The Supreme Court on Friday set aside Kerala High Court 2021 orders granting anticipatory bail to four former police and intelligence bureau officials in a case of the alleged frame-up of scientist Nambi Narayanan in the 1994 ISRO espionage matter.
A Bench of Justices MR Shah and CT Ravikumar remitted the bail pleas back to the Kerala High Court and asked it to decide the same as early as possible, at any rate “within a period of four weeks".
The top court was hearing the Central Bureau of Investigation’s (CBI) appeal against the high court order granting bail to former Gujarat DGP R B Sreekumar, two former police officers of Kerala — S Vijayan and Thampi S Durga Dutt, and a retired intelligence official P S Jayaprakash. The court had reserved the judgement on the two petitions filed by CBI on November 28.
Meanwhile, the apex court granted interim protection from arrest to the accused for a period of five weeks, subject to their cooperation with the investigation, till the High Court finally decides the matter.
“All the anticipatory bail applications are remitted to the High Court to decide the same afresh in accordance with law and in the light of the observations made hereinabove. However, it is observed that this Court has not observed anything on the merits of the case of the either of the parties and it is ultimately for the High Court to pass appropriate order," the SC order said.
“We request the High Court to finally decide and dispose of the anticipatory bail applications at the earliest, but preferably within a period of four weeks from the date of receipt of these orders," it added.
The apex court had in November last year issued notice on the CBI’s plea filed in the matter.
The agency had said its probe found that some scientists were tortured and framed in the espionage case due to which the development of cryogenic engine was hit, setting back India’s space programme by almost one or two decades.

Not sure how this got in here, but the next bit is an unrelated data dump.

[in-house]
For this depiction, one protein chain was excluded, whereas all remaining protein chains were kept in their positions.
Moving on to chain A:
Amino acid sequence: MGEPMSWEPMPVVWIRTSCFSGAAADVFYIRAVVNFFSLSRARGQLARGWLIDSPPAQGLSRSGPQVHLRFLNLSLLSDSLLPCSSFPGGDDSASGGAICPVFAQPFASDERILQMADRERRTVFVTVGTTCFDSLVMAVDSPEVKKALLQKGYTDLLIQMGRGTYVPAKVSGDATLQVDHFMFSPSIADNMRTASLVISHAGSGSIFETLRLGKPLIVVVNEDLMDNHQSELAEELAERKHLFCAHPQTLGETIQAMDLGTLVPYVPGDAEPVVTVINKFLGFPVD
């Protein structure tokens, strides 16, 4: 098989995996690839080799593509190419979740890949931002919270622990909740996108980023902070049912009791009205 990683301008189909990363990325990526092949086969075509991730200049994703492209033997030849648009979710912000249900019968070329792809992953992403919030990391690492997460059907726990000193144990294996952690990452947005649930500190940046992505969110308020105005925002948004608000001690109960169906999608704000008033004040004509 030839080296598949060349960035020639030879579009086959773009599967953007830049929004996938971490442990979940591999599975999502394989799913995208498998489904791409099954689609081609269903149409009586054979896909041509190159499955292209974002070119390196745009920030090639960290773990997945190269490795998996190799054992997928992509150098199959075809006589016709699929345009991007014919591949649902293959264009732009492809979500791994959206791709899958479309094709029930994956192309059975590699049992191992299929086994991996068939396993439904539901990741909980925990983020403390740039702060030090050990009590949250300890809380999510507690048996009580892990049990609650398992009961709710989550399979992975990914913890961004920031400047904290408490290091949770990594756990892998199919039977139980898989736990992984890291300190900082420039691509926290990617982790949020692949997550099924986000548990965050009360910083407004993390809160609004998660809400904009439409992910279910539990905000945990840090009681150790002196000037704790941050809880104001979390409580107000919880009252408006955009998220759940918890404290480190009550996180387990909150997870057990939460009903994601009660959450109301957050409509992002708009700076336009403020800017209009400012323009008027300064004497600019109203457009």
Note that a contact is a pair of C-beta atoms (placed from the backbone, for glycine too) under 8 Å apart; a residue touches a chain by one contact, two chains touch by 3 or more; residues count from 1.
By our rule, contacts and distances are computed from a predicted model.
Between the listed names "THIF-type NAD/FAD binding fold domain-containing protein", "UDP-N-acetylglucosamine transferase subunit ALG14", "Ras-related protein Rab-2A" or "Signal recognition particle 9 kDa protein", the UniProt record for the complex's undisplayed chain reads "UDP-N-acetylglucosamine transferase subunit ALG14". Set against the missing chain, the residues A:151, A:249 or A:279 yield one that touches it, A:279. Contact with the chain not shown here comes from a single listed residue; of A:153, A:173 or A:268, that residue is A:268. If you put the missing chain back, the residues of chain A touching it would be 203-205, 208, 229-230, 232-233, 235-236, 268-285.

The CBI earlier alleged there was a clear indication that the accused were part of a team which had ulterior motives to torpedo the attempts of the ISRO for manufacturing the cryogenic engine.
While granting anticipatory bail to these four accused on August 13 last year, the high court had said, “There is not even a scintilla of evidence regarding the petitioners being influenced by any foreign power so as to induce them to hatch a conspiracy to falsely implicate the scientists of the ISRO with the intention to stall the activities of the ISRO with regard to the development of the cryogenic engine."
It had said unless there is specific material regarding their involvement, prima facie, it cannot be said that they were acting against the interests of the country.
The CBI has registered a case against 18 people for various offences, including criminal conspiracy, in connection with the arrest and detention of former ISRO scientist Nambi Narayanan in the espionage case.
The case, which had hit the headlines in 1994, pertained to allegations of transfer of certain confidential documents on India’s space programme to foreign countries by two scientists and four others, including two Maldivian women.
Narayanan, who was given a clean chit by the CBI, had earlier alleged the Kerala police had “fabricated" the case and the technology he was accused to have stolen and sold in the 1994 case did not even exist at that time.
The CBI had said the then top police officials in Kerala were responsible for Narayanan’s illegal arrest.
The apex court had on September 14, 2018 appointed a three-member committee while directing the Kerala government to cough up a Rs 50 lakh compensation for compelling Narayanan to undergo “immense humiliation".
Terming the police action against the ex-scientist of the Indian Space Research Organisation (ISRO) “psycho-pathological treatment", the apex court had in September 2018 said his “liberty and dignity", basic to his human rights, were jeopardised as he was taken into custody and, eventually, despite all the glory of the past, was compelled to face “cynical abhorrence".
(With PTI inputs)
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